Innovations: Sounds good

Tonepedia allows musicians to hear how a particular guitar, amplifier or speaker actually sounds.

Music good 88 (photo credit: )
Music good 88
(photo credit: )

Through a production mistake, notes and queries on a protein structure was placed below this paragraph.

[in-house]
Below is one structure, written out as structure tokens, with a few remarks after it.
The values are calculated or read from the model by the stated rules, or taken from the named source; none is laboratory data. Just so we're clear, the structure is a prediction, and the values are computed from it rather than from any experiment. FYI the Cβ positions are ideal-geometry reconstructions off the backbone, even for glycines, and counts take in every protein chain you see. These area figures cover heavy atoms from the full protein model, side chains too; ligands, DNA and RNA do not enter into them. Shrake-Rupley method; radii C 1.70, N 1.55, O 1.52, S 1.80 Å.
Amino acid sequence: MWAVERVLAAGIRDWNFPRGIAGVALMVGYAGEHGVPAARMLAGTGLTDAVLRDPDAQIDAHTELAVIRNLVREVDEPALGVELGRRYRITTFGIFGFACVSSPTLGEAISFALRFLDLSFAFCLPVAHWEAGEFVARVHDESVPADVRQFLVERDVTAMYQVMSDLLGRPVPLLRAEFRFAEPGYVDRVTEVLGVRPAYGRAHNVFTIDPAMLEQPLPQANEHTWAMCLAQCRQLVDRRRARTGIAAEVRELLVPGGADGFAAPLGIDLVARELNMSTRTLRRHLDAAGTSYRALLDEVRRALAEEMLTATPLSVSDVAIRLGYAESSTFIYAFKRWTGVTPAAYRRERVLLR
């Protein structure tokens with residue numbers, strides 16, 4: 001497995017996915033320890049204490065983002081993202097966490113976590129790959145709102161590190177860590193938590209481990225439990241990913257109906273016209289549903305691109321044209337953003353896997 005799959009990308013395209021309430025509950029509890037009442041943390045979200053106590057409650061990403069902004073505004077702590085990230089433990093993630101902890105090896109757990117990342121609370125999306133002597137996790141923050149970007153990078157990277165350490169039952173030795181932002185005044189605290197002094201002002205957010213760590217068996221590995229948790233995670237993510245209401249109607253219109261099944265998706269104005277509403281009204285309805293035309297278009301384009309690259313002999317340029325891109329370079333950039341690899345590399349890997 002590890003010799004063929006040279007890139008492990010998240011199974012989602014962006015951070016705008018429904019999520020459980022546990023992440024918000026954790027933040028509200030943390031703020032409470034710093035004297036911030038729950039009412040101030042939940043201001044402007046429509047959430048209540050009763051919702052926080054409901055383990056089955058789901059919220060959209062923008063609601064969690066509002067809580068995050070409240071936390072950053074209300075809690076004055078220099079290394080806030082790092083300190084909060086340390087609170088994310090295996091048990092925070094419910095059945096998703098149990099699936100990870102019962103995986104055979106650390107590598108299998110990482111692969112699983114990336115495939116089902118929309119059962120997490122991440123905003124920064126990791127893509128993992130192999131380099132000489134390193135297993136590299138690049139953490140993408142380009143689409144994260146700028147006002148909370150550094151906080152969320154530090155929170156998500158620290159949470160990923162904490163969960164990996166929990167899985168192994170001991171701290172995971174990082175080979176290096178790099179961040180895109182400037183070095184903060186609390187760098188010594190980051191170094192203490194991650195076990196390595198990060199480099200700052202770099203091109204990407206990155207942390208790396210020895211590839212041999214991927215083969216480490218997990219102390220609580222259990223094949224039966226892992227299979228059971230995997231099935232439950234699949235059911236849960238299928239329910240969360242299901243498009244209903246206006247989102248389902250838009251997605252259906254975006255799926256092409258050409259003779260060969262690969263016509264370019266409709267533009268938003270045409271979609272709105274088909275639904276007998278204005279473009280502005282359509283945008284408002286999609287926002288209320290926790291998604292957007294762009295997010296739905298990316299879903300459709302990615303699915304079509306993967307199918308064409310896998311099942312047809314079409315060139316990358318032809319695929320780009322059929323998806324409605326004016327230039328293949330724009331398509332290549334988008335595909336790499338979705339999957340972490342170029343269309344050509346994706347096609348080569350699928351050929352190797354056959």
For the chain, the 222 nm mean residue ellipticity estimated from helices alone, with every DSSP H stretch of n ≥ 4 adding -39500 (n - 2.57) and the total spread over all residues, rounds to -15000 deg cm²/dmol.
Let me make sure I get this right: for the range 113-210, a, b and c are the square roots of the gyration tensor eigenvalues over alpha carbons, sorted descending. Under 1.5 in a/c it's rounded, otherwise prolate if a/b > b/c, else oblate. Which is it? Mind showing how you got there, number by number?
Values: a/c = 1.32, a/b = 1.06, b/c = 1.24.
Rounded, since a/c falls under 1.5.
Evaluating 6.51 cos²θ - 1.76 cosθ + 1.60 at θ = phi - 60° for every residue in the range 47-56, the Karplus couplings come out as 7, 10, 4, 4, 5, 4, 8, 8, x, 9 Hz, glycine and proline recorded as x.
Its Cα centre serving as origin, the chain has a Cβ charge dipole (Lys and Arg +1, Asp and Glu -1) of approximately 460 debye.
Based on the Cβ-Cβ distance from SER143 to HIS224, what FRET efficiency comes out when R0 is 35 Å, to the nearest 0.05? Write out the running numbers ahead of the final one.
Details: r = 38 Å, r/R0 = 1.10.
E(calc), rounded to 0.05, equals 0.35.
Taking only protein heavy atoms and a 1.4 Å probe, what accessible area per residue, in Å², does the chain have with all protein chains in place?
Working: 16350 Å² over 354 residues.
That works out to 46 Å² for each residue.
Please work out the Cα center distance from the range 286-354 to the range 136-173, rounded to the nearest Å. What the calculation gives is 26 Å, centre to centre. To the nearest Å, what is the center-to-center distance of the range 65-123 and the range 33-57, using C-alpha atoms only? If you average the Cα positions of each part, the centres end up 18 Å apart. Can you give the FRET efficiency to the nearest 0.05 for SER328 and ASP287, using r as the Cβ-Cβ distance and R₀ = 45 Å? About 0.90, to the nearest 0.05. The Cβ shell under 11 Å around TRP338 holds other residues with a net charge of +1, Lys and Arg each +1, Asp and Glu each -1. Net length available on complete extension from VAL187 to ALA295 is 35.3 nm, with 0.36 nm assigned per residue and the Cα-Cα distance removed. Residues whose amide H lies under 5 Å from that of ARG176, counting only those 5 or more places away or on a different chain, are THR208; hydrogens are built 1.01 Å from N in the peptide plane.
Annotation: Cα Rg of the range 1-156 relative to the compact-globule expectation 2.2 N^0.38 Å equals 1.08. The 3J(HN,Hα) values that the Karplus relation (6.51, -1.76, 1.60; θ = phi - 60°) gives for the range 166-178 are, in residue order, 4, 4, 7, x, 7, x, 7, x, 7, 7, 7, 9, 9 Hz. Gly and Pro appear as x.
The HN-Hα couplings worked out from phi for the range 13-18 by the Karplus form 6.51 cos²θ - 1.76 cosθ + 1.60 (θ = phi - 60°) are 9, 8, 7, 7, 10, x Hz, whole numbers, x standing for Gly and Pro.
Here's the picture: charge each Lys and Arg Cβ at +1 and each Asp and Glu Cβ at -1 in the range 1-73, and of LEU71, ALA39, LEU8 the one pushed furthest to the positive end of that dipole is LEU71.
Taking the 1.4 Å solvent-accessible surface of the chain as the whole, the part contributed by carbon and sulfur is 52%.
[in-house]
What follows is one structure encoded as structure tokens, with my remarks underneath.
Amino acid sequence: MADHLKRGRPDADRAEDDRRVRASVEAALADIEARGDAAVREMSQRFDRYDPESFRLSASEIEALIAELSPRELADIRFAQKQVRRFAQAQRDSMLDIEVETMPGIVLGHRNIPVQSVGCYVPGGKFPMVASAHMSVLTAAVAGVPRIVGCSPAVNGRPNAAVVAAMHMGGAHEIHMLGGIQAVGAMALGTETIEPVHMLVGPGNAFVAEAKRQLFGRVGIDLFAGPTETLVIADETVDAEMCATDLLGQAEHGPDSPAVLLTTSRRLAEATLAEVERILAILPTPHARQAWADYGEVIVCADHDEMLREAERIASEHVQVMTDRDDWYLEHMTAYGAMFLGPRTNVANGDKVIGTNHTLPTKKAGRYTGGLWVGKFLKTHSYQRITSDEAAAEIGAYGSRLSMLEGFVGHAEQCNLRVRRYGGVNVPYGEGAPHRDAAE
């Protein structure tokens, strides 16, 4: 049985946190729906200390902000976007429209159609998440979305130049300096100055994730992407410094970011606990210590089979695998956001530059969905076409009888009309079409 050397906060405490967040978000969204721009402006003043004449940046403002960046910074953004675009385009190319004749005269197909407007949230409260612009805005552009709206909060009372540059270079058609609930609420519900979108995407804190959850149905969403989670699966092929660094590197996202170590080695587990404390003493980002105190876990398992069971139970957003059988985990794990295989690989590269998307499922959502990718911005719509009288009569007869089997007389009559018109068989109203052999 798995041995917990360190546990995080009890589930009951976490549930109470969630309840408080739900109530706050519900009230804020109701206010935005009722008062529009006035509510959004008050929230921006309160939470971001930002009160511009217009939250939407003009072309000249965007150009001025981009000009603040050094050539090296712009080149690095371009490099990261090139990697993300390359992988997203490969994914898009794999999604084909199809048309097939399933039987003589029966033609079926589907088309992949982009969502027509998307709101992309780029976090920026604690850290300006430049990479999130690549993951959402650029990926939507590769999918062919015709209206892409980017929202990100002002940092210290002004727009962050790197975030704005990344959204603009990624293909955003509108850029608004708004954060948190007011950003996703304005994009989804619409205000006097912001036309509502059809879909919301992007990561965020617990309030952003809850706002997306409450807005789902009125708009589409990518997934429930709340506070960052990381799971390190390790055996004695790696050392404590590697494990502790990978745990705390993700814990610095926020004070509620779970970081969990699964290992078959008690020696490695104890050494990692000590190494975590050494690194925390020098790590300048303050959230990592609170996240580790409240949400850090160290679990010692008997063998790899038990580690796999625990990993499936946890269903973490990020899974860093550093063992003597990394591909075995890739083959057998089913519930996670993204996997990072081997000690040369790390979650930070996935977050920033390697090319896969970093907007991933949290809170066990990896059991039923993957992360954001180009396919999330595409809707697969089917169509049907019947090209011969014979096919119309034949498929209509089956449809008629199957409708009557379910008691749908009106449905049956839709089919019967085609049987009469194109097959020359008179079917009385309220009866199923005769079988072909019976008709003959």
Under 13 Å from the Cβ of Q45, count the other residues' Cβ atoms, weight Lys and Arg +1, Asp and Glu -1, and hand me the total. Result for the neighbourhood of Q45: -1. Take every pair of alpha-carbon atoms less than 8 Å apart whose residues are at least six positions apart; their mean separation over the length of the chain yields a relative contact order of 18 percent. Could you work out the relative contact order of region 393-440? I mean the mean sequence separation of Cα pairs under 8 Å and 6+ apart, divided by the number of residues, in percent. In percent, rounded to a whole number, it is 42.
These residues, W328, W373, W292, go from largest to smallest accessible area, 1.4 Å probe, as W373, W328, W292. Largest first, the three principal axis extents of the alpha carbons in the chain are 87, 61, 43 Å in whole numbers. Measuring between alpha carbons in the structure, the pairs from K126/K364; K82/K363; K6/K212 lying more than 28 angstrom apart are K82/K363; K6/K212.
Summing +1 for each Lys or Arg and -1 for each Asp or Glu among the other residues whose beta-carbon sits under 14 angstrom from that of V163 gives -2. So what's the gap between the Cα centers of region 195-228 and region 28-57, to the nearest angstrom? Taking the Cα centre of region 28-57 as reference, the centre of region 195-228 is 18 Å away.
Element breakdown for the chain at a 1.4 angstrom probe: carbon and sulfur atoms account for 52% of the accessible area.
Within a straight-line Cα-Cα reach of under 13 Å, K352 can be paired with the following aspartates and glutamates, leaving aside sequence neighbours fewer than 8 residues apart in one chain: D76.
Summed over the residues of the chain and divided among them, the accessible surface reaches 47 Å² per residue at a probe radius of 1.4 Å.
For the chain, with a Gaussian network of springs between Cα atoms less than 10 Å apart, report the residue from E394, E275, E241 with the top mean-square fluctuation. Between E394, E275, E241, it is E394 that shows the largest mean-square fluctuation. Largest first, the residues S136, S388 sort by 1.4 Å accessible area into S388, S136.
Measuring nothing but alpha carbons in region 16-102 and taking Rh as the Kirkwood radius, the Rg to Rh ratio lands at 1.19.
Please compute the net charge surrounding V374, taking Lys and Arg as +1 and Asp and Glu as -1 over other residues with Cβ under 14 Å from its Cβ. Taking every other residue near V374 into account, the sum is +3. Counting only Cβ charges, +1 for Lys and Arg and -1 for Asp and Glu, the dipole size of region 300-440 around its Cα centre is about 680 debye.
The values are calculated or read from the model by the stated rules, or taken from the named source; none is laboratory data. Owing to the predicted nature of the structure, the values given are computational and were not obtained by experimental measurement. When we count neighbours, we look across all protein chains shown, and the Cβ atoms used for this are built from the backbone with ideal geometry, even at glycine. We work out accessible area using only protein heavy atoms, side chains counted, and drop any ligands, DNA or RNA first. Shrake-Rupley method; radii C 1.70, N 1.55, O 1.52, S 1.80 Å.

Music and the Internet have a complicated relationship plagued by legal quagmires, but for founders and longtime friends Danny Strelitz and Sagi Eiland, the combination is fertile ground for untapped possibilities. "Musicians tend to be old-fashioned people who don't accept new technologies easily, so the on-line market for musicians is just getting started," says Eiland with a charming grin. "We're always a little bit behind." As a guitar player, singer and songwriter who formerly played in the band Tnuat Hameri, regularly performs at the Cameri Theater in The Wandering Israeli and one of the first musicians to play at Tel Aviv's Barby club in the early 1990s and later sign a record deal with its label, he should know. Indeed, with his shaggy brown hair and retro green T-shirt, this musician-cum-entrepreneur looks like a rock star straight out of the 1970s. And it was Eiland's passion for vintage gear that is made of higher-quality wood and has superior sound that originally gave Strelitz the idea for their newly launched start-up. "I was always searching for new stuff on-line and I kept a wish list on eBay," explains Eiland. "One day Danny asked me why a Web site didn't exist that would allow musicians to hear the gear and combinations of gear before they buy it." The idea seemed like a good one, and they were surprised that nothing of the kind already existed despite numerous Web sites dedicated to reviewing music gear. After all, a picture of a particular guitar, amplifier or speaker may be worth a thousand words, but it certainly cannot compete with hearing its actual sound - especially when the combinations of gear produce an enormous range of different tones. But the path from idea to product was a long one. The pair came up with the concept two years ago, but Tonepedia launched just six months ago. STRELITZ'S BACKGROUND is in cognitive psychology with a focus on human-computer interaction and man-machine interface, and he previously worked with several start-up companies. But neither of the two founders has a strong technical or business background, which made things slightly more challenging as it required them to hire programmers to execute their vision. Eiland came up with the name (the Wikipedia of tone) while Sterlitz created the design and perfected the user interface, which provides quite a few handy features. "The idea with TonePedia is to create a social community where people who are passionate about music can share information, upload images and recordings and find all the information they need about specific gear, including hearing the way it sounds," explains Strelitz. "That doesn't exist anywhere else on-line today." Because success relies almost entirely on having an active community of users who upload sound files and interact, Tonepedia still has a long way to go before it will be able to generate revenue, for which future plans include selling gear. For now, Strelitz is content to provide real value to users by creating an information database that will revolutionize the way musicians search and buy gear on-line. "I spent the last year walking around Tel Aviv with a tape recorder and a camera interviewing friends and fellow musicians to sign real people up for the site," says Eiland. "We didn't want to launch with a bunch of fake users like a lot of other Web sites do." Although some of the musicians with user profiles have been dead for more than 30 years, such as Duane Allman of the Allman Brothers Band, you can hear the unique combination of instruments they were using in some of their more famous songs. For musicians - especially those who love old gear - this is fantastic. "So far we've gotten amazing responses from people who really like the idea and our community is growing every day," says Strelitz. Although they would not disclose the actual number of users, the pair will say they have almost 1,500 followers on Twitter, and some well-known musicians like Dan Whitley of the Dan Whitley Band are registered users. "We haven't been able to raise any money yet because it's hard to convince people that the community will succeed, and investors are leery of anything to do with the music business on-line because of all the legal issues," says Strelitz. "So far, we've put a lot of sweat and money into it, but we're hoping to raise money in the future because as soon as our community takes off, there are many different ways to monetize the traffic." AND ALTHOUGH musicians often hate the very idea of Guitar Hero, as one of the most successful games ever made, it is certainly garnering huge interest in guitars and playing music - especially with youth. "I saw a musician the other day wearing a T-shirt that said 'f**k Guitar Hero. I play the real thing,'" Eiland says, noting the palpable tension that exists between the two worlds. Yet, he admits that the game has certainly gotten a lot of kids to actually learn how to play the real thing and raised demand for information on-line about gear. Although TonePedia is still in its infancy and it remains to be seen whether or not its social community will actually flourish, the potential user base is quite large and it has focus and innovation on its side. The musical instrument business is about $12 billion a year and according to, there are more than 100 musical instruments for sale on eBay every day, so a Web site with relevant information and good recordings has a great potential niche. While there is no doubt that the idea behind TonePedia is stellar, a long road to success still stretches before it. "It takes a lot of strength to be an entrepreneur," says Strelitz. "We have a lot of persistence and willpower and we strongly believe in what we're doing. We're determined."